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Diary

10 January 2014

ISTOCK

Safely in harbour

THESE days, I tell anyone interested that I am "a retired retired clergyman". That is to say, I no longer do anything. I don't help out or stand in. I crave neither altar nor pulpit. I have forgotten where I put my canonicals.

To be sure, I do go to church. Eighteen months ago, after some years at sea, my wife and I made harbour in a church that suits us - a church where you do not have to leave your mind at the door, where you are welcomed without being pestered, where you are not required to sing drivel, where the clergy wear neither the smiles of Mormon missionaries nor the wardrobe of pantomime dames, and where - above all - eyebrows are never raised.

But, for me, the great blessing in attending this church is that here I can at last be a layman again. Pat and I can sit side by side in a pew after the long years in which my professional pursuits in chancel or sanctuary separated us. So it made good sense to ask if we could go on to the parish electoral roll together. Alas, we can't.

We were dismayed to be told, albeit quite correctly, that Pat could be registered, but I could not. If you are ordained - even if you have ceased to officiate - you cannot be on the electoral roll; period. In the eyes of Church House, never to be distracted by common sense, I am to all eternity an ontological alien. (I gather from Deuteronomy 23.1 that, in Old Testament times, some gentlemen were similarly "excluded from the assembly of the Lord". I'm relieved to say that I'm not banned for the same reason.)

But it is not all bad news. I learn, from the eminent ecclesiastical lawyer I consulted, that: "O frabjous day! Callooh! Callay!" - I can still stand for deanery synod.
 

Cemetery courtesies

WE SPEND much of All Saints' Day - which happens to be my birthday - in a cemetery. The cemetery climbs the steep slopes of a deep valley in the forests above Gdynia.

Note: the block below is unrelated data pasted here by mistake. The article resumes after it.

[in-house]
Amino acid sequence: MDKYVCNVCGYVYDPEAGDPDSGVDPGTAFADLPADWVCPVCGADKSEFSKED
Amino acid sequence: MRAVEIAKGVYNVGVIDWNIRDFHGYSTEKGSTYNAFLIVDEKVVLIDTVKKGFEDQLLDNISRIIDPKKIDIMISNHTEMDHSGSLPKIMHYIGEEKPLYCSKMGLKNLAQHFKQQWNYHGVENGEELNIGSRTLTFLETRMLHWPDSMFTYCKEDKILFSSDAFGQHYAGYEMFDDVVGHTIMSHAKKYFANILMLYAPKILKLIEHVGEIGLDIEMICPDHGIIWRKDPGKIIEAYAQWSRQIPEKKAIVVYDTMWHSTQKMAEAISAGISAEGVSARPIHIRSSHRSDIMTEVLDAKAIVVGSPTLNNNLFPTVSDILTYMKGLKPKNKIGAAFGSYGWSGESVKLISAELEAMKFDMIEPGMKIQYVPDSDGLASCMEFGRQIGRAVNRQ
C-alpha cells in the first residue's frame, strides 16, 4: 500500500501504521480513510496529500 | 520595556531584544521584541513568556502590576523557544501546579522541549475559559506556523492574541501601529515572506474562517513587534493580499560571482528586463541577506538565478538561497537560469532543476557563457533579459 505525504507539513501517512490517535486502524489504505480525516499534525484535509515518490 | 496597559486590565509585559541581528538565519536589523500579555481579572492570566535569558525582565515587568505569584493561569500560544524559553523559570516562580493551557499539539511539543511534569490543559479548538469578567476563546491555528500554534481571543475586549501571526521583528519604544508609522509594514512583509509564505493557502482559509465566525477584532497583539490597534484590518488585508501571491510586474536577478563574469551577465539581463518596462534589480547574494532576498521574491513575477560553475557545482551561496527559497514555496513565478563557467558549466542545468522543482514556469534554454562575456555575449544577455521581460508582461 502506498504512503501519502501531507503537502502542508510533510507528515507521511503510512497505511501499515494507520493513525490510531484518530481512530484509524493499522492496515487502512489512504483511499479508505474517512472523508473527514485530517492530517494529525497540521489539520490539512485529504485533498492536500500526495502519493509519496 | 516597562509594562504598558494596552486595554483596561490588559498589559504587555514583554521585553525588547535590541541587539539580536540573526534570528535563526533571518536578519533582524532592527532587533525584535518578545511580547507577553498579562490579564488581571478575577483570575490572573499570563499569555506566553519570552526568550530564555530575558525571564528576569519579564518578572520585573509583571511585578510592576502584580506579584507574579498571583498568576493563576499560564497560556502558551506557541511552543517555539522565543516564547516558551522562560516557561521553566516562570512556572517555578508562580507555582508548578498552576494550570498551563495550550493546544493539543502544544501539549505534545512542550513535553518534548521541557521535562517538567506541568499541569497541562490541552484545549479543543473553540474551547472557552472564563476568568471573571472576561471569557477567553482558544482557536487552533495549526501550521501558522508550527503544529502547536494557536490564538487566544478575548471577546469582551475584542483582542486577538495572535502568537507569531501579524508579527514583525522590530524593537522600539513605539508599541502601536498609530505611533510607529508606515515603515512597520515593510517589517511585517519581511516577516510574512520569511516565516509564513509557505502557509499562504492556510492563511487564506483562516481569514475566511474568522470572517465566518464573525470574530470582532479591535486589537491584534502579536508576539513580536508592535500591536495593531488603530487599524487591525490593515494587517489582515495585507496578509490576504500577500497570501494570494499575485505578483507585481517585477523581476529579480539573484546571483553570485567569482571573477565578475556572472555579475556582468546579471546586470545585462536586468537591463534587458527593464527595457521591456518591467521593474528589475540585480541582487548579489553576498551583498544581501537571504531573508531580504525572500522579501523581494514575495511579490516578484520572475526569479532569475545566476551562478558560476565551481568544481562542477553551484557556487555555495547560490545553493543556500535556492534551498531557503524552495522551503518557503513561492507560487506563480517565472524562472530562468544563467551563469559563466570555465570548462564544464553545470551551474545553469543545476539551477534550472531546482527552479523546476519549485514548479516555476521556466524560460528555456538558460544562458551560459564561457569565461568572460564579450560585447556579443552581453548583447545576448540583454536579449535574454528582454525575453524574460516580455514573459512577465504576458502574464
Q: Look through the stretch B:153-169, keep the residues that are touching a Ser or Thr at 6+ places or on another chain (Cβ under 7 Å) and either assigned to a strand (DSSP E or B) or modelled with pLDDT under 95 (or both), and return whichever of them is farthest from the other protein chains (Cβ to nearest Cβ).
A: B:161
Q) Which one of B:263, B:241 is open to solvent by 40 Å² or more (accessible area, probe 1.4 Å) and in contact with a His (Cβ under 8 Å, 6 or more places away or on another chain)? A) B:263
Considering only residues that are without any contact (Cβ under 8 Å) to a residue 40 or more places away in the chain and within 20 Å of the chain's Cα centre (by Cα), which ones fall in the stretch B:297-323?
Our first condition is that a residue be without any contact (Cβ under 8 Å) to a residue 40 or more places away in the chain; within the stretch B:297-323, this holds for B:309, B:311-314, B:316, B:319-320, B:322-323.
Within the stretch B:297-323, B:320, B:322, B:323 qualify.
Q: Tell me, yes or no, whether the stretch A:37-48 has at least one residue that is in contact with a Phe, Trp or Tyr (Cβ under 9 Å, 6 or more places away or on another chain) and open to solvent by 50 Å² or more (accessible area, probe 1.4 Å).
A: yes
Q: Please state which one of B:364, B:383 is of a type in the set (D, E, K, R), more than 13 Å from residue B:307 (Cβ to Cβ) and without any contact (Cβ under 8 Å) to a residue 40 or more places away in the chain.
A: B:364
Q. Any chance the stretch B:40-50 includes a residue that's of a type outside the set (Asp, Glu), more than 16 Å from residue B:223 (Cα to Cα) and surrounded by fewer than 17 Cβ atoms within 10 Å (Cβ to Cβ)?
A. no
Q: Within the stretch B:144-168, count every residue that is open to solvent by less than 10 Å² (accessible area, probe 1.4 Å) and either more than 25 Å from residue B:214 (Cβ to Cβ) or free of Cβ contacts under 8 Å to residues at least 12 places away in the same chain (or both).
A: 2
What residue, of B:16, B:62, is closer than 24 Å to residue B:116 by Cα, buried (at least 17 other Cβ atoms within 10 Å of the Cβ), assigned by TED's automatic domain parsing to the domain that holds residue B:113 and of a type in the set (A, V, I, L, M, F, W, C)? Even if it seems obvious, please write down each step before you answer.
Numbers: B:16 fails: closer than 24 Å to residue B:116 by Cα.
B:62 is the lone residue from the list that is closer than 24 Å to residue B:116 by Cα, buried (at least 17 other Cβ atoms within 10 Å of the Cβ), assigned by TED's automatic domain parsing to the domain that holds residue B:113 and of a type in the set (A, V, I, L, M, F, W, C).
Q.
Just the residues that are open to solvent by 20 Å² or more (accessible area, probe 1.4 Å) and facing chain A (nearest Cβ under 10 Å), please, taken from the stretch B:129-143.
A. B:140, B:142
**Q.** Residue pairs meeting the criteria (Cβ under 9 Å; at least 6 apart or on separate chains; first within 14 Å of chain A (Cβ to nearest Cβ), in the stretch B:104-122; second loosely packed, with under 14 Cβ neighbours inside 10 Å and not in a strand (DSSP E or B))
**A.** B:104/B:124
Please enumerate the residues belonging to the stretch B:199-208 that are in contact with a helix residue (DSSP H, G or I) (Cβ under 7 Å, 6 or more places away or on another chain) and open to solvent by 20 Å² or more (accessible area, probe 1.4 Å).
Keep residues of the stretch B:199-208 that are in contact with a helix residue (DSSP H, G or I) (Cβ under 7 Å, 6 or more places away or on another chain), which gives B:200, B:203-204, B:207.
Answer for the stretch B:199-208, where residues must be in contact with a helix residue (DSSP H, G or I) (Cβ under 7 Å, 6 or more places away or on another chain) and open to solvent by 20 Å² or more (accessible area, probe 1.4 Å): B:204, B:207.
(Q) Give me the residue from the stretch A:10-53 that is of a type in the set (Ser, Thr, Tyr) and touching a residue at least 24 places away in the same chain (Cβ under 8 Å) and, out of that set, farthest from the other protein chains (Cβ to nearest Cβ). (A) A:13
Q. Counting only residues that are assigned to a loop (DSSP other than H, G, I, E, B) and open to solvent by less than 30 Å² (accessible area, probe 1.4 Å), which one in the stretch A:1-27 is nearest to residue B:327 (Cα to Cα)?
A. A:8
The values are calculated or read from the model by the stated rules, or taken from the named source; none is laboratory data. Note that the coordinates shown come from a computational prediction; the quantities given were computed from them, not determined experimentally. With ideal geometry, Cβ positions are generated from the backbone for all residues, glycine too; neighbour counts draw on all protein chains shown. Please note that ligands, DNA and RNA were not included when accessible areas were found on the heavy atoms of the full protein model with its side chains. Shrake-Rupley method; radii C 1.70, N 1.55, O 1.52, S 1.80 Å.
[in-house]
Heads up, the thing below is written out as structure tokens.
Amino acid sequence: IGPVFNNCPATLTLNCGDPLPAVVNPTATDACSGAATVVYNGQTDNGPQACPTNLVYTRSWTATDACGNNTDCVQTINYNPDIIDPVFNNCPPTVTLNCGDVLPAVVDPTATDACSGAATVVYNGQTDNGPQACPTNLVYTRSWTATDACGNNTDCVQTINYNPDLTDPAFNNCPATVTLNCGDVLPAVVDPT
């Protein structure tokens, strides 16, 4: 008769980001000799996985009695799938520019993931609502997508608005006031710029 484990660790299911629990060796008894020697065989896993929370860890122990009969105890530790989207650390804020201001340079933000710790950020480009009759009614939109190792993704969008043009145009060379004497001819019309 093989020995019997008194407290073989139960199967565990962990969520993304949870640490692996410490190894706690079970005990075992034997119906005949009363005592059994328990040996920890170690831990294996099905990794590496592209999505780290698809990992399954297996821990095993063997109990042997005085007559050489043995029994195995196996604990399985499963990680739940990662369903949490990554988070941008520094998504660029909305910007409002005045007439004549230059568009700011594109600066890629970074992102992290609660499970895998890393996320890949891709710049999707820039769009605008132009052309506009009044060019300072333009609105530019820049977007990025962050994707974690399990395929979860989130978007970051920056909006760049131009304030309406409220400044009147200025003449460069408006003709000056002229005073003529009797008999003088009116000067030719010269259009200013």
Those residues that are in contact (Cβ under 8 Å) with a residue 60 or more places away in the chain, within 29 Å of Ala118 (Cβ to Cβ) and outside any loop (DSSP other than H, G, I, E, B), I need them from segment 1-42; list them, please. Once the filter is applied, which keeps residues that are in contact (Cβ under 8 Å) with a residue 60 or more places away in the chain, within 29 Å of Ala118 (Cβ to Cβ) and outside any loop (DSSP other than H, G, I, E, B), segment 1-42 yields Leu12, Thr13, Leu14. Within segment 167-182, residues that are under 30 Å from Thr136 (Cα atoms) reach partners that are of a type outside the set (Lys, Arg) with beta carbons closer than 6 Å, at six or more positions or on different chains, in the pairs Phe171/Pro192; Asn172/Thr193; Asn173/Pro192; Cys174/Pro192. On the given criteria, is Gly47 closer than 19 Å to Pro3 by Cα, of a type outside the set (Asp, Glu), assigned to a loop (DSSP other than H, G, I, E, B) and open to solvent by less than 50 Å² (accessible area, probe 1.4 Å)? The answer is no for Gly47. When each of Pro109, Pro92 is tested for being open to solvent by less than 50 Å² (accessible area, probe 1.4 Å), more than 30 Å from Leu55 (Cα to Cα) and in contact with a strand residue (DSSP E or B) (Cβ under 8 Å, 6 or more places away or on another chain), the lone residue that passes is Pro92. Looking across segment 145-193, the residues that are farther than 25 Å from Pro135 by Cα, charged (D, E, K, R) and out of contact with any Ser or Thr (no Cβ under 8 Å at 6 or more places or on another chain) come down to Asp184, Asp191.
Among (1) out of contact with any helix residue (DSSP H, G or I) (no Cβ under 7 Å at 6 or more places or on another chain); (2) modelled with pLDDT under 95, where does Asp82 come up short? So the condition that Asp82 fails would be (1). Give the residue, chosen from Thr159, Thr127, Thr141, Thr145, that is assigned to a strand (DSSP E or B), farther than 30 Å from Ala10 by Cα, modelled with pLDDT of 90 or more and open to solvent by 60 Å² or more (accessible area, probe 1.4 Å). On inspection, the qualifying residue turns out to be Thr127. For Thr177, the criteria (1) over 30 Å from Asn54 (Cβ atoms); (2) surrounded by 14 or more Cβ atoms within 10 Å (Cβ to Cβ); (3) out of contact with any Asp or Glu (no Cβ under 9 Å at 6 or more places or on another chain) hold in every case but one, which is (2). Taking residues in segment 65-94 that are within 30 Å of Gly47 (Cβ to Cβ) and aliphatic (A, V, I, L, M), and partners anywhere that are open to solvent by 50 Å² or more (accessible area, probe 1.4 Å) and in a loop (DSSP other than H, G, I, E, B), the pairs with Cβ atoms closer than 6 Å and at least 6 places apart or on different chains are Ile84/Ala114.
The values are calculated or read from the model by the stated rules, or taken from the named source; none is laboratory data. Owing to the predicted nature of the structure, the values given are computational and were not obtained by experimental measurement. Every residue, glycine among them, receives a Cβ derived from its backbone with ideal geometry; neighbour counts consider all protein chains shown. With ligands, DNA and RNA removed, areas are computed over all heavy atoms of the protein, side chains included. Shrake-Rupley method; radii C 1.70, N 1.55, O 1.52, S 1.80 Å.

We are here, with tens of thousands of others, to remember those no less loved now that they are departed. Many have made long journeys to be here, travelling from all over Poland or from wherever the Polish diaspora has settled. We come bearing flowers and candle-lit lanterns to the graves of those as dear in death as in life.

The beloved mother of Kasia, our Polish daughter-in law, is buried here. We place our gifts, and say our prayers, but we do not hurry away. We do not inflict a discourtesy on the dead that we would never visit on the living. At midday, mass is celebrated at a temporary altar among the tombs.

The liturgy is accompanied by a soloist, a woman with a voice of such surpassing splendour that I wonder briefly whether the Revd Lucy Winkett has joined the Personal Ordinariate of Our Lady of Walsingham and has been parachuted in for the occasion.

Night falls, and the hillsides blaze with the shimmering lights of the myriad lanterns. It is achingly beautiful. The multitudes are reluctant to disperse. For them, the communion of saints is not a form of words, but a fellowship to delight in. This is a night out with family and friends. It occurs to me that nothing quite like this will be going on in Hove Cemetery.
 

An utter travesty

Floating, floating, floating like a  Mutant bird-girl glitch; she's a puking witch.

THE couplet, bellowed by the chorus, indicates the level of the lyrics of the National Theatre's adaptation of George MacDonald's fairy tale The Light Princess.

MacDonald's story tells of a princess who, in both senses, lacks gravity. Unless tethered to the ground, she floats to the ceiling or the clouds. But she also finds everything irresistibly funny. She is delivered from her predicament by, of course, the kiss of a prince. It is a whimsical tale in which MacDonald playfully explores the themes of levity, and the trials of love.

The National has turned this delicate jeu d'esprit into yet another of the brassy extravaganzas that are taking over London theatres like Japanese knotweed. We were told in the programme that the show "engages with the current malaise over many issues: war, sexual violence, and the young girl's unfocused desires, the despairing escapist search for numbness and nullity in binge drinking, drugs, eating disorders, and self-harm." (The issue of the spiralling cost of postage stamps was unaddressed.)

On the night we were there, this lamentable production received a standing ovation from a packed house.
 

Yes, they can

WE WERE at the Mansion House recently for the launch of a remarkable book, Children Can Do. It is a celebration of how children make the world a better place. Most publications about children in poor parts of the world focus on their plight: typically, they picture children with bloated bellies, skeletal frames, and flies crawling on their faces. There are no such pictures here.

The focus of these pages, organised as a desk diary for 2014, is on what children in impoverished places are doing to help themselves and others. "Children Can Do" is the maxim of Child-to-Child, a small charity with the belief that children themselves can be effective agents for change. Copies of Children Can Do can be obtained by contacting ccenquiries@ioe.ac.uk.

The Revd Dr John Pridmore is a former Rector of Hackney.

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